GUNNS Ltd maintains its pulp mill preparations are progressing — despite speculation its plummeting share price would kill off the $2 billion project.
Cheered on by ‘supporters’ who took no risks, Gunns actions have turned out to be self-destructive with:
• non commercial business models that degrade and waste resources
• pulp mill plans that failed to disclose real risks
• legal anomalies that threaten its business partners and others
• optimistic valuations of itself and its future.
The following groups are at risk of being embarrassed or put at severe risk including…
• plantation ‘investors’
Because many of the undisclosed risks were so high, the project has become a ‘black hole’.
The mill fantasy
Jaakko Poyry has spent 2 decades selling Australia on the idea of plantations and ‘industrial forestry’ in order to sell us pulp and paper mills that deliver billions to Poyry & partners.
Poyry convinced Gunns that if they ponied up for a mill they’d make considerable money … but where would it come from?
Many people have queried how Tasmania could possibly compete with huge countries like Russia, China and Brazil in a high volume, low margin fibre commodities business.
The plan was to take perfectly good trees that took over a decade to grow and reduce them into chips for fibre (pulp). In the process they’d take clean water, worth real money in today’s climate, and turn it into industrial waste that would then pollute Bass Strait, or be poured into a vast landfill site to threaten groundwater supplies. The clean air of the Tamar valley was to be stunk out with sulfides, mercaptans and various micro fine particulates, while much of our farmland was to be converted into a ‘permanent plantation estate’ that took hundreds of gigalitres of water from our catchments.
For their plan to work, Gunns needed to borrow $2 billion which they would pay off with chips and pulp made from publicly owned trees.
Most people (except our political parties and Gunns) recognised that such business ideas were totally incompatible with the socio-economic situation in the Tamar valley (a), as well as hostile to our climate and environment, plus grossly wasteful of Tasmania’s increasingly precious resources.
Their IIS missed serious risks, including the risks of over-leveraging and sensitivity to critical variables like rainfall and political change, thus exposing Gunns to serious business problems.
It now seems that the concept was for mill profits to result from other people making losses by picking up much of Gunns costs and risks — a.k.a. cross subsidies which would give our forestry industry the appearance of being a real business, rather than a highly subsidised basket case.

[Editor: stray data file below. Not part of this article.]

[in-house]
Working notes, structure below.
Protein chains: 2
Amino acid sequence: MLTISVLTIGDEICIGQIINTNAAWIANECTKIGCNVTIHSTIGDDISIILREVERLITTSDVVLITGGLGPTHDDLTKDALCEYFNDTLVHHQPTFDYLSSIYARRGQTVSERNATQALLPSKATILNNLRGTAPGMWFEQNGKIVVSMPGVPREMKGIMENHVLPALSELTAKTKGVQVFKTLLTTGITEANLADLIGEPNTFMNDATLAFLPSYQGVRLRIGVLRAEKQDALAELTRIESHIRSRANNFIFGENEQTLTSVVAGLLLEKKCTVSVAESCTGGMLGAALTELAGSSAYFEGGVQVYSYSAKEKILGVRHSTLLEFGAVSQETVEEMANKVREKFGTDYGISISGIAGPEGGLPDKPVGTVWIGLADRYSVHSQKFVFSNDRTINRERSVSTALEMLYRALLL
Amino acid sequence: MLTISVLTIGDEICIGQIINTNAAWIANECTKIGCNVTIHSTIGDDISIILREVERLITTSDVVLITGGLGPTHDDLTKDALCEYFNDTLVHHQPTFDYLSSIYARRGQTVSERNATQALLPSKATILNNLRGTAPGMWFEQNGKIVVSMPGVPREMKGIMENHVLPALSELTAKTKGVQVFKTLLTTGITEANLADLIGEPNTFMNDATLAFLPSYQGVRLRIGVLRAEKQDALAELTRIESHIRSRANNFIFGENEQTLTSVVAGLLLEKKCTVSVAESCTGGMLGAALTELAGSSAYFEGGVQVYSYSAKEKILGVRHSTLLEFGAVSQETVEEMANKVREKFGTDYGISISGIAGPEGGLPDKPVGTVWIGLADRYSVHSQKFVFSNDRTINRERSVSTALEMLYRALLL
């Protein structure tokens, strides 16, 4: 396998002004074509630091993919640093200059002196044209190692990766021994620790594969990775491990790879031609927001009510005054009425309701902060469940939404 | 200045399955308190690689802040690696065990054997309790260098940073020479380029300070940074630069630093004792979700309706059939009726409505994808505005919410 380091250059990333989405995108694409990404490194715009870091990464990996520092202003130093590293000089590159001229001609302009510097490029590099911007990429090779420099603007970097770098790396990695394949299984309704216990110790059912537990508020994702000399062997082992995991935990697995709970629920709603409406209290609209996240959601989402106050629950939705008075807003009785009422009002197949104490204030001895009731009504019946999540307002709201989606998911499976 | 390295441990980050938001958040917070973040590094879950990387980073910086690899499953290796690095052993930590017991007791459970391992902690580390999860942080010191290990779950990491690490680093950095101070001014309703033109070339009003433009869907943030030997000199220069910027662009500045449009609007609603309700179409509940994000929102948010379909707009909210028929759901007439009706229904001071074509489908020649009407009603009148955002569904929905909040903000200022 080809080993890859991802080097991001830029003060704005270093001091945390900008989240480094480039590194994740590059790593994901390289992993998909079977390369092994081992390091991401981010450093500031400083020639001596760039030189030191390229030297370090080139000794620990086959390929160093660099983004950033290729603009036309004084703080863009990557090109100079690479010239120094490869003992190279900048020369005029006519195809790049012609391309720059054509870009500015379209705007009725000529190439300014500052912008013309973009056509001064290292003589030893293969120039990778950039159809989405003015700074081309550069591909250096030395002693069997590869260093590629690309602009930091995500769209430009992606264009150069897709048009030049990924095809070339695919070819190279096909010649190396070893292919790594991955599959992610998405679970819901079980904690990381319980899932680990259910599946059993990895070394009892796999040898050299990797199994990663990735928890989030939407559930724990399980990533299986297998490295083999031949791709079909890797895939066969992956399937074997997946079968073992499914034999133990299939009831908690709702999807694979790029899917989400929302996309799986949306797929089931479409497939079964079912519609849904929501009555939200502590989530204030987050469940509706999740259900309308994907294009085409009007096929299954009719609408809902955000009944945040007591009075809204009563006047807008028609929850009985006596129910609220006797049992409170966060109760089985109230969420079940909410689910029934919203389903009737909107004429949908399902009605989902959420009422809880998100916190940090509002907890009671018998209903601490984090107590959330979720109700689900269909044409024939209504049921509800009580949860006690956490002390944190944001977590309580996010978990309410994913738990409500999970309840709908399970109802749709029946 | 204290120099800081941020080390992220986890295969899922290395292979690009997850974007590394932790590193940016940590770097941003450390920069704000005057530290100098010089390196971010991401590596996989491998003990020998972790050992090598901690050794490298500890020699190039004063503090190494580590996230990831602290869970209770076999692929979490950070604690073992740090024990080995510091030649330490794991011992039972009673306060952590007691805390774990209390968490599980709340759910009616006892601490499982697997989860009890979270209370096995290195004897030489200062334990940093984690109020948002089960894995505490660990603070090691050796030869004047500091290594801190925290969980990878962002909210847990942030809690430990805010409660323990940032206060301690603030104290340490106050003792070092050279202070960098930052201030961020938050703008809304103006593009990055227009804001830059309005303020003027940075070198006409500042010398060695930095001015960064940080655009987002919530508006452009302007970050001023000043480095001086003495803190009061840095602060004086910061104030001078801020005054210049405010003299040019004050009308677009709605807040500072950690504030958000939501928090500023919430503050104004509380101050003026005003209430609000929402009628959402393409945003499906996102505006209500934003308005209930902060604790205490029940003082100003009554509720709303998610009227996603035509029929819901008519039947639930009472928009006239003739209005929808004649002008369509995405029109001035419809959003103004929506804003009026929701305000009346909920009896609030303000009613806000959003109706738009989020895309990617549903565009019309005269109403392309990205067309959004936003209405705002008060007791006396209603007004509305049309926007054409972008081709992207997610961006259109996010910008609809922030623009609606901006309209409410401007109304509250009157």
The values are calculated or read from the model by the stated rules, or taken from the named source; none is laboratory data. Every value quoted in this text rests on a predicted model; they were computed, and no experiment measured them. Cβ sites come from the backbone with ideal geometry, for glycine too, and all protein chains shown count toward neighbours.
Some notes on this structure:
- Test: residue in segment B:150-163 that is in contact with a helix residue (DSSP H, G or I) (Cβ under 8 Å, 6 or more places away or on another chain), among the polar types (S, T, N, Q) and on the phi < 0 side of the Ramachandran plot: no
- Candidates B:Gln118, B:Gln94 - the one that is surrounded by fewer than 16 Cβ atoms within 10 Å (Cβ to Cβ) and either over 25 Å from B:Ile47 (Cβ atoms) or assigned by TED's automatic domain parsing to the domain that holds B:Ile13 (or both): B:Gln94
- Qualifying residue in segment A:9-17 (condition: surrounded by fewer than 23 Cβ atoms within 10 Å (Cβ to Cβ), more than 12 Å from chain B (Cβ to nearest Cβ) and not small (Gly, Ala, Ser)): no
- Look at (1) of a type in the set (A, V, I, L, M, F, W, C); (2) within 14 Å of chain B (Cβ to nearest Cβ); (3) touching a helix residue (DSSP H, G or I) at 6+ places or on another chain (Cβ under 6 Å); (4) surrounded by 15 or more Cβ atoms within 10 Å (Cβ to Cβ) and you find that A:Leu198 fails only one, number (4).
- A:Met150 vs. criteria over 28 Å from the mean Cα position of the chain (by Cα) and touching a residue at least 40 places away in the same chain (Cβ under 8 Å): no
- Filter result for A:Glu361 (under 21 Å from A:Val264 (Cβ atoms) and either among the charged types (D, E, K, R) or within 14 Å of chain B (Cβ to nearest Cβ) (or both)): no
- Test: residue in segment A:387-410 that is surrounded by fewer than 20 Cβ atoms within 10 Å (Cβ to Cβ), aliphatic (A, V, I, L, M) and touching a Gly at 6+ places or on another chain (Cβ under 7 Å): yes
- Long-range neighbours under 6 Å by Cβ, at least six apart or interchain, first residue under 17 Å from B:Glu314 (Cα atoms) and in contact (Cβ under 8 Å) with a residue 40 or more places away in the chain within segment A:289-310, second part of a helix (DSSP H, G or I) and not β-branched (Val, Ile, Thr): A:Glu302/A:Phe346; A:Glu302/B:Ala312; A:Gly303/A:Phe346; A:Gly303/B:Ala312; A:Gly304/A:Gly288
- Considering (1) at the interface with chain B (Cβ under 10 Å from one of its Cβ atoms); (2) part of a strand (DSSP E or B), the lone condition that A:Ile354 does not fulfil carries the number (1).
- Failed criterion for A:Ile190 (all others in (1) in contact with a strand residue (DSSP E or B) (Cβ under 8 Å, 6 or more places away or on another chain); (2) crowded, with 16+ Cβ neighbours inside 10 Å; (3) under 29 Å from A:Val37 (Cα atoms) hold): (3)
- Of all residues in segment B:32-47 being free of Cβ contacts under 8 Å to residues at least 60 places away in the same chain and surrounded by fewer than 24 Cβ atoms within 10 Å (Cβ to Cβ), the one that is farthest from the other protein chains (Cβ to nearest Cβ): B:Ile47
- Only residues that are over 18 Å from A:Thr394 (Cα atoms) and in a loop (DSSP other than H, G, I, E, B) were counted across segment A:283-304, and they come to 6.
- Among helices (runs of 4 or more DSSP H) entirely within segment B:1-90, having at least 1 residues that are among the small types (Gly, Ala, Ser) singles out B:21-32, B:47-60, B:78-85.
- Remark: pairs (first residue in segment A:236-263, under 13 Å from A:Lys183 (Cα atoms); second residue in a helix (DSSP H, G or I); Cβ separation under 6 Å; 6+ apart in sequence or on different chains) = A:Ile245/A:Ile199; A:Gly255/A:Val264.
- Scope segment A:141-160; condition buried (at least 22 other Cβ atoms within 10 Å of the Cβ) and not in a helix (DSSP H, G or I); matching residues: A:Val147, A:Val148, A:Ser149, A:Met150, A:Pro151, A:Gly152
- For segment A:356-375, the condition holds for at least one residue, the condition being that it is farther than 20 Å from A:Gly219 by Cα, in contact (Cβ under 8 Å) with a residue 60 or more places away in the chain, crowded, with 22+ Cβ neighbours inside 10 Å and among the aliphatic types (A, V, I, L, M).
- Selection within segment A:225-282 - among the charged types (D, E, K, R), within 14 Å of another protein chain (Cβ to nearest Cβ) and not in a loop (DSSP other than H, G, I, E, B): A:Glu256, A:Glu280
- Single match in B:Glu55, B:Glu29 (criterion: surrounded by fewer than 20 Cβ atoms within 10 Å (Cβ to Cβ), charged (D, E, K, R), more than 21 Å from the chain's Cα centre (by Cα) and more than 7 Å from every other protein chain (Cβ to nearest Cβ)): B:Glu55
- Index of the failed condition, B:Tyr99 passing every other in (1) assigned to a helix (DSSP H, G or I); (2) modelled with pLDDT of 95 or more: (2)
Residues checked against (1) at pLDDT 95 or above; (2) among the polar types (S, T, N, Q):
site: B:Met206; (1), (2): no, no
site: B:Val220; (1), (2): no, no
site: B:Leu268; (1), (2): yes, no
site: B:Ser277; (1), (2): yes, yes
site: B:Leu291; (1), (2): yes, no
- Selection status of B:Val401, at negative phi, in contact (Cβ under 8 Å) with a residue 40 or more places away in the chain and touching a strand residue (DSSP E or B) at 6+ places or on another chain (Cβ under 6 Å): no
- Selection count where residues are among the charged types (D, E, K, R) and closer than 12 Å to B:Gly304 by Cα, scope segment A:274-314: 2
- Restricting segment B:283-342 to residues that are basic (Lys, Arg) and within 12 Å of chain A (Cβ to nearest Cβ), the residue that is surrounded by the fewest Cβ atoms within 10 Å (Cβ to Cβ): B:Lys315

In other words, the way that ‘industrial forestry’ is able to be ‘sustainable’ is with government approval to pass their costs and risks onto other people and businesses.
Taxpayers and investors
Andrew Bent has estimated the scale of subsidies provided to forestry by taxpayers (1) which amounts to over $200 million per annum currently and would jump to around $350 million per annum if Gunns pulp mill goes ahead, due to the extra resources required.
John Lawrence’s article (2) brought out the failure of tree MIS, which is a taxpayer subsidised program to convert land to tree plantations ‘in perpetuity’ — for ever.
‘Investors’ pay around $9,000 in total for a hectare of Gunns woodlot project (3). When the wood is harvested after (say) 13 years, a further 9% of the sale price is due as rental for the land & sales commission.
‘Investors’ claim their costs off their tax, so the taxpayer pays about $3,000 per hectare, or a total taxpayer cost for 260,000 ha of $780 million over 15 years — another huge bonus to forestry who don’t have to use their own money or take any risks themselves.
Given the payout risks, investors are rightly asking ‘is this a scheme or a scam?’
Is profit likely?
For simplicity I’ve focussed on pulpwood (E.nitens) and used an average growth rate of 15 tonnes/hectare/year (CSIRO) which, in 13 years, means 195 tonnes of timber. Gunns agrees to pay a minimum of $33.88/tonne for plantation timber which leads to a sale price of about $6,600 per hectare — a loss of $3,000 per ha. ‘Investors’ take all of the risk but may insure — at extra cost.
Gunns makes no commitment about tonnage per hectare so the final amount paid may will depend on Gunns unaudited declarations of yield.
N.B. The 15 tonnes per hectare growth figures that I’ve used come from CSIRO scientists and the typical growth rates reported (e.g. John Lawrence) and from a few plantation owners.